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                  • #24
                    Overall, benefits aren’t included in the base or total compensation figures for MGMA, AMGA, or SullivanCotter. One small caveat would be that the survey respondents may include some independent contractors who get their “benefits” through higher compensation. Although, I don’t think this is something material to worry about as I doubt this greatly affects the survey data

                    Arguing over survey data can be nebulous and even different appraisal firms approach valuations a bit differently. I speak from experience coming from a fair market value background


                    I think what braindoc says emboldened below is valuable advice to consider in this particular situation in addition to using the other offers you have


                    Originally posted by braindoc View Post
                    Base salary typically means guaranteed compensation. It usually applies to incoming physicians or for W2 physicians and those that work at hospital systems. It may only be guaranteed for a short period of time, even less than the contract length. Total comp is base + any production, other bonuses and a sign-on. IMO stop worrying about the surveys. Find out what your colleagues make and try to get that or more. If you see a recruiter add saying "$X income potential" don't even bother. Salary is always significantly lower.

                    Lastly, SullivanCotter data can be a bit lower than MGMA and AMGA. So, if this is the only survey the admin folks are using, I'd definitely ask to see MGMA numbers
                    PCA will review national and localized data for your unique compensation situation such as base compensation, productivity bonuses, on-call & administrative services, student loan repayment amounts, and more. Website: https://www.physiciancomp.co/

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                    • #25
                      Originally posted by Sundance View Post
                      Yes, a pattern of switching can be an issue or a red flag.. but 1-2 in the first few years is fine imo.

                      main problem is each future employer will contact all your past employers so you’re increasing the number of potentially jaded people that can sabotage your career
                      This is now just plain normal. And yes all admin will take you for a ride if any way possible. Sure its covid time, but your hospital should have gotten massive grants/cares/etc...to bridge or make up even more than the gap.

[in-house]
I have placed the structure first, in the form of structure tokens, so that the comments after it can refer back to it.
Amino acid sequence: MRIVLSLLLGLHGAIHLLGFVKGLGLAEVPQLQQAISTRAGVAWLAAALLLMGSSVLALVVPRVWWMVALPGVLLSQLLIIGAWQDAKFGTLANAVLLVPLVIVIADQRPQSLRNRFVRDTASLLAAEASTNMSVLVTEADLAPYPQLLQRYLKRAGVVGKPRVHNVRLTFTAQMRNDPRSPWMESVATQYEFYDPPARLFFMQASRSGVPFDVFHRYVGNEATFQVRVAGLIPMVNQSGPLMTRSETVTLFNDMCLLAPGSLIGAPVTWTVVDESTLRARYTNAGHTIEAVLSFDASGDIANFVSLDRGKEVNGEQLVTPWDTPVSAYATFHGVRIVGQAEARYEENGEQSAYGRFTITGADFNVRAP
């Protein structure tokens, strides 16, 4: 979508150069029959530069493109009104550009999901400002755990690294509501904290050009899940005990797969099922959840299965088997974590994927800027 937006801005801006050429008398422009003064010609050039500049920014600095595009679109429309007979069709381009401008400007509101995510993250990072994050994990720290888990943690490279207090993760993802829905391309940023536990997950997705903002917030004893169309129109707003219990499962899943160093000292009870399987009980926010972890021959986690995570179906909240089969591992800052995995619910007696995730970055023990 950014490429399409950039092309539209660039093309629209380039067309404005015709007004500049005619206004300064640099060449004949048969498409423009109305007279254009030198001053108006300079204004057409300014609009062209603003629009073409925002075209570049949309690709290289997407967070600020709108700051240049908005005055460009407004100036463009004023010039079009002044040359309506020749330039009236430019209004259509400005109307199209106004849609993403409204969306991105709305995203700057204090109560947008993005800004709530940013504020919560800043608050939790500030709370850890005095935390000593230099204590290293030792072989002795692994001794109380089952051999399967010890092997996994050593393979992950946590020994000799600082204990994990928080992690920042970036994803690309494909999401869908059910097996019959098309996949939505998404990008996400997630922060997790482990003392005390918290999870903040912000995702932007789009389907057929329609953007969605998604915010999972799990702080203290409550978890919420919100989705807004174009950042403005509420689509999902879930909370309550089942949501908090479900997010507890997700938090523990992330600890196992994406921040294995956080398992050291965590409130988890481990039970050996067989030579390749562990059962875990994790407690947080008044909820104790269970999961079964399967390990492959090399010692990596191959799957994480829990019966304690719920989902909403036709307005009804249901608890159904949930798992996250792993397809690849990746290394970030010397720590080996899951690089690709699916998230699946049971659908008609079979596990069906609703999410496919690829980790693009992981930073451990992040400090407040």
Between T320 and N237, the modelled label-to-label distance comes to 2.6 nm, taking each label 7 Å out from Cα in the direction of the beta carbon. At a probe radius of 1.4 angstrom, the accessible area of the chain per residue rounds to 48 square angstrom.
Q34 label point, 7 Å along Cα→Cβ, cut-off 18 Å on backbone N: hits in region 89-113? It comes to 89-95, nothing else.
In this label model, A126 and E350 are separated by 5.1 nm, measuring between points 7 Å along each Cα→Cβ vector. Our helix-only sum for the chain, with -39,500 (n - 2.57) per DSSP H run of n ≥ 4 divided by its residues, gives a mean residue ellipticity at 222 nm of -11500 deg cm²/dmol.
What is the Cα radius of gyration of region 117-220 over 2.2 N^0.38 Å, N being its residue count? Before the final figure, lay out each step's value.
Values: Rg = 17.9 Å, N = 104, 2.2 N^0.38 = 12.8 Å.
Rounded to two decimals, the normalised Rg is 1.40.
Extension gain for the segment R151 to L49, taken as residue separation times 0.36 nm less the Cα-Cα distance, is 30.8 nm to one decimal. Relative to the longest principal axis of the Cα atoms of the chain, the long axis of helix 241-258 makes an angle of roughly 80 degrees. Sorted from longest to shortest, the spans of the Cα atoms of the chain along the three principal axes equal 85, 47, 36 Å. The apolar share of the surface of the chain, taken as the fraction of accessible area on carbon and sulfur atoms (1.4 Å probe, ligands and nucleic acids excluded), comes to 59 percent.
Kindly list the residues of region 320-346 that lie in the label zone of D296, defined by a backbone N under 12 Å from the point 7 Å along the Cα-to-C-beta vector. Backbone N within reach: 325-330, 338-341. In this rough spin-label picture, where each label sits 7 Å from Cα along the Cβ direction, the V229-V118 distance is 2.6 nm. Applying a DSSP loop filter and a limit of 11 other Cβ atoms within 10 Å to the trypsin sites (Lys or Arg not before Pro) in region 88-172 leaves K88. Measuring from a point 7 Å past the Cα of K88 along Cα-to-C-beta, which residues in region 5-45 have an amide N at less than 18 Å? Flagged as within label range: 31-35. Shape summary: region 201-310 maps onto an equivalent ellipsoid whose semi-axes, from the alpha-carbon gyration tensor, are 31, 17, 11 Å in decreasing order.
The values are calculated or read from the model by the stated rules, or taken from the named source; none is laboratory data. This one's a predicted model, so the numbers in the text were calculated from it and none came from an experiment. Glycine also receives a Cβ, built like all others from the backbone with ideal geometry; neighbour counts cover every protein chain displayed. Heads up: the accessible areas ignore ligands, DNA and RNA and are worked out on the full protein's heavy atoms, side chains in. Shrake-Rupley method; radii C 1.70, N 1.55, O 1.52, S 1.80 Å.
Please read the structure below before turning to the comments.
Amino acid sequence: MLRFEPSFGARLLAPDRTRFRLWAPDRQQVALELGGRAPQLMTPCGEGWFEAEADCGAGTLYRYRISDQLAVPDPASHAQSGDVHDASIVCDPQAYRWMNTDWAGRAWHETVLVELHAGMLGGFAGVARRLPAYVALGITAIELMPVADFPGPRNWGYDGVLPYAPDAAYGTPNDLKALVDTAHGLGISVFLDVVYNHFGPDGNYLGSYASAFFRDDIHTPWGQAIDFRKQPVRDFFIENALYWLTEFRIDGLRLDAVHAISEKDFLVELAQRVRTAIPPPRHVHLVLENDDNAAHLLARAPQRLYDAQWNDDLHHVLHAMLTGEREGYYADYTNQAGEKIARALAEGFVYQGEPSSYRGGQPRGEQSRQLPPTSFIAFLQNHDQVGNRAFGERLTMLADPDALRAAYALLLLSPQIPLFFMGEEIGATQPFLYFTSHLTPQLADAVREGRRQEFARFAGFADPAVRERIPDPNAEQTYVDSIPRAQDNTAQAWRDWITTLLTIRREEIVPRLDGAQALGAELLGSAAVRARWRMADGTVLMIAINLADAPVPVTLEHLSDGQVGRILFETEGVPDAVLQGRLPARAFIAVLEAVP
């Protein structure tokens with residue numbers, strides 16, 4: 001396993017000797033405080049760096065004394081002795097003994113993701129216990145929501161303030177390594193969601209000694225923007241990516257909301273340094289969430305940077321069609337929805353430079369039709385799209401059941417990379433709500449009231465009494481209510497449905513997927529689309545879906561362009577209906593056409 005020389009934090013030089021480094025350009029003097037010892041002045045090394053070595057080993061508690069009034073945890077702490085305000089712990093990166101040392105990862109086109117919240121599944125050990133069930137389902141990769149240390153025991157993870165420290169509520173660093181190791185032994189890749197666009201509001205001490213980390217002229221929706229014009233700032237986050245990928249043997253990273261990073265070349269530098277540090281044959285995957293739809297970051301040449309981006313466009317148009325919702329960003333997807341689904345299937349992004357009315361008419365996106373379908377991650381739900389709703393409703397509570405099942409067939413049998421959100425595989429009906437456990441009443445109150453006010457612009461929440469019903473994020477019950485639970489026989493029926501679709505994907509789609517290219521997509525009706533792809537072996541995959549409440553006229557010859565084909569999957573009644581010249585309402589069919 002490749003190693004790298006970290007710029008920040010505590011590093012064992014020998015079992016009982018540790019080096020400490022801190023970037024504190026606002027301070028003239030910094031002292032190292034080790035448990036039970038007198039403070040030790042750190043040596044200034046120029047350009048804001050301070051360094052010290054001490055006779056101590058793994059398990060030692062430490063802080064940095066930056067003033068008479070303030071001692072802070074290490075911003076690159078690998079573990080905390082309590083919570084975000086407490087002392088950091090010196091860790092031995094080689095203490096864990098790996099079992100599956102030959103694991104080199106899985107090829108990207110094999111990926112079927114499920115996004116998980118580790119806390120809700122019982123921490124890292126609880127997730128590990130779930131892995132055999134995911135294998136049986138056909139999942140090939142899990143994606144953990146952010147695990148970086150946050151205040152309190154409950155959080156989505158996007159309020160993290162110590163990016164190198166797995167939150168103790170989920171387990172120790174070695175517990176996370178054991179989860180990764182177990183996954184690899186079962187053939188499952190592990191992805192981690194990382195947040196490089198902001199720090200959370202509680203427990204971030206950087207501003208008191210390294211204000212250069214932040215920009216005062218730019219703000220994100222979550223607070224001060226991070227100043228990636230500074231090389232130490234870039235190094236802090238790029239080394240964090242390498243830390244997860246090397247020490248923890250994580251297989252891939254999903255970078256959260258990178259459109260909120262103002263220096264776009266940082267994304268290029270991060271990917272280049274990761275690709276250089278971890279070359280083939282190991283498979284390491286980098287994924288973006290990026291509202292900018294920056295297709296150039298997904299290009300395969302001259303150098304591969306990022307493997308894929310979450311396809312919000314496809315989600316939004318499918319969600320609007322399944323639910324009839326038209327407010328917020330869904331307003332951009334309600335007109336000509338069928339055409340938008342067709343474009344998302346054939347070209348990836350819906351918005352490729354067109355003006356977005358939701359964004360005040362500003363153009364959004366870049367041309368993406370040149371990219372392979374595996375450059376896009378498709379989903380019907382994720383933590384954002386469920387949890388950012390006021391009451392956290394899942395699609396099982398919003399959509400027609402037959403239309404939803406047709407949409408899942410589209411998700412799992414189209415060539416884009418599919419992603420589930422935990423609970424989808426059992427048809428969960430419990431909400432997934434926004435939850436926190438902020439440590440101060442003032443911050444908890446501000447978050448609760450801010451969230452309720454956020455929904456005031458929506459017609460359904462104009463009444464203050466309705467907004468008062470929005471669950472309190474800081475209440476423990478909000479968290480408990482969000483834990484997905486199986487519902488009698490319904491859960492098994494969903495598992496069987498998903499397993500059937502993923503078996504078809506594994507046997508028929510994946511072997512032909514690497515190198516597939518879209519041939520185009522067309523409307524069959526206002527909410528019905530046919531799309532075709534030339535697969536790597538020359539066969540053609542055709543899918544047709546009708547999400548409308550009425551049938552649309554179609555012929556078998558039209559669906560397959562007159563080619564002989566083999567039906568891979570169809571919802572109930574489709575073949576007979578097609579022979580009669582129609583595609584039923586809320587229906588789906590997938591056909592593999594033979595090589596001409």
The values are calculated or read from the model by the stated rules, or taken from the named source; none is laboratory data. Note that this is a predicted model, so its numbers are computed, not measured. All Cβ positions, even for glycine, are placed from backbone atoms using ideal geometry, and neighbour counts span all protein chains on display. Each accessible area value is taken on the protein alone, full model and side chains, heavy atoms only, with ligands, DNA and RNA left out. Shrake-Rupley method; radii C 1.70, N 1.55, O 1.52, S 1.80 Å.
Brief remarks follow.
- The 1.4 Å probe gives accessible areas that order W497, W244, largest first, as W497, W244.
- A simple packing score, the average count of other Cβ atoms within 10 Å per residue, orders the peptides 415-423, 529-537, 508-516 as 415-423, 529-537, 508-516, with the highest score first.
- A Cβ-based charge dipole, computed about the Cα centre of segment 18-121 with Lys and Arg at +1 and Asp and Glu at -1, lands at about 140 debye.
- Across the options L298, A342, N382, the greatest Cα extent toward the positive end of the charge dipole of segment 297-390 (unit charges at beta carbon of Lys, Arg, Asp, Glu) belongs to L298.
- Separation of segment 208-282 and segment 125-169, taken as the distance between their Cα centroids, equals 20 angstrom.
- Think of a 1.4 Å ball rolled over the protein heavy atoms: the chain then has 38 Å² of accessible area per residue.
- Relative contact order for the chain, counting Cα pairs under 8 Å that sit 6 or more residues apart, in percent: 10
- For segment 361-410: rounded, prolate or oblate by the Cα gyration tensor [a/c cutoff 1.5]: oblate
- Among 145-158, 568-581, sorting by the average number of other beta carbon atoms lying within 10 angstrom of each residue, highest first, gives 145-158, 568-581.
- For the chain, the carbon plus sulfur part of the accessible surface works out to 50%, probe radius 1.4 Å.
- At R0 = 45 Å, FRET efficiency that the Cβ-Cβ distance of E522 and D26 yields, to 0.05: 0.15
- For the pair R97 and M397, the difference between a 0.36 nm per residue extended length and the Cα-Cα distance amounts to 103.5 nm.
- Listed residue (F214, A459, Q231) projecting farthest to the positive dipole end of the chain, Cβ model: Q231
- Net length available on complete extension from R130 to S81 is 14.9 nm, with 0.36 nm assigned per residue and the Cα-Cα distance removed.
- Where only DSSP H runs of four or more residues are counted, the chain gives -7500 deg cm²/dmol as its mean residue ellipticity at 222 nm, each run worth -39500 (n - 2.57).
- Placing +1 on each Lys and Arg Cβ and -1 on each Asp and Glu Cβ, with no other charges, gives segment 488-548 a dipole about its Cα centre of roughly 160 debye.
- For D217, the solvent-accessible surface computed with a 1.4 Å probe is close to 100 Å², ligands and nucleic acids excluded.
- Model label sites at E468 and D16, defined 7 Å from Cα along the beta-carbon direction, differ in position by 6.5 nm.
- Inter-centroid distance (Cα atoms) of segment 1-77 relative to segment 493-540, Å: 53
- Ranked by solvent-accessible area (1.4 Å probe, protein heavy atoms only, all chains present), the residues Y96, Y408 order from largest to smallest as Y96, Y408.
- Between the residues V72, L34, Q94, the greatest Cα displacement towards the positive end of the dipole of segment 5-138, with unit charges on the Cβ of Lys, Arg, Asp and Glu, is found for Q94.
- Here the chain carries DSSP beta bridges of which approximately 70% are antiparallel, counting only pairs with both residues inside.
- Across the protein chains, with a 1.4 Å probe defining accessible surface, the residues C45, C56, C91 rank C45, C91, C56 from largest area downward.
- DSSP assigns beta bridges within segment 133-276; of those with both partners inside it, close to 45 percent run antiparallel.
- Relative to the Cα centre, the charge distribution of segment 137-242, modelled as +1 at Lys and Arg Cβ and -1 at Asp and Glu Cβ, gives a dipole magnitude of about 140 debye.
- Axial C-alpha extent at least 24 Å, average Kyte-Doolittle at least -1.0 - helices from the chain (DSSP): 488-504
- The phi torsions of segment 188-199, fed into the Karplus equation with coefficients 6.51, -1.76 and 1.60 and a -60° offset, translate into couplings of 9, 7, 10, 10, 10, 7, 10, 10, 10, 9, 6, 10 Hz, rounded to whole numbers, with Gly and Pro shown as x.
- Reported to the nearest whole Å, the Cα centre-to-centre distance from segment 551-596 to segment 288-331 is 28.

Lets not pretend admin stick around long enough to be there when the call comes in, and frankly have never heard of a hospital or other practice even contacting references personally, they send a standardized form letter which for legal reasons they will usually give you glowing remarks on.

                      Honestly many of these rural places dont give enough of a premium to come close to the difference in a city, and most is probably imaginary now given all the standard contracts and using of same salary consulting groups. The only huge gain is better pace of life and much lower cost of living, which isnt even huge outside a few select places.

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                      • #26
                        Originally posted by Zaphod View Post

                        This is now just plain normal. And yes all admin will take you for a ride if any way possible. Sure its covid time, but your hospital should have gotten massive grants/cares/etc...to bridge or make up even more than the gap.

                        Lets not pretend admin stick around long enough to be there when the call comes in, and frankly have never heard of a hospital or other practice even contacting references personally, they send a standardized form letter which for legal reasons they will usually give you glowing remarks on.

                        Honestly many of these rural places dont give enough of a premium to come close to the difference in a city, and most is probably imaginary now given all the standard contracts and using of same salary consulting groups. The only huge gain is better pace of life and much lower cost of living, which isnt even huge outside a few select places.
                        I suspect rural premium varies some by specialty. And how rural. Amazon prices are the same everywhere true. Housing costs / taxes can be rather dramatic. No need to keep up with the Joneses here. And I would have to drive a good way to drop some cash at a Michelin starred restaurant etc..

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                        • #27
                          Compensation, job, and location.
                          It will cost more or be discounted based upon location. In discussions here, many times it’s called competitive or saturated. Maybe there isn’t a premium but most call it discount for urban desirable locations.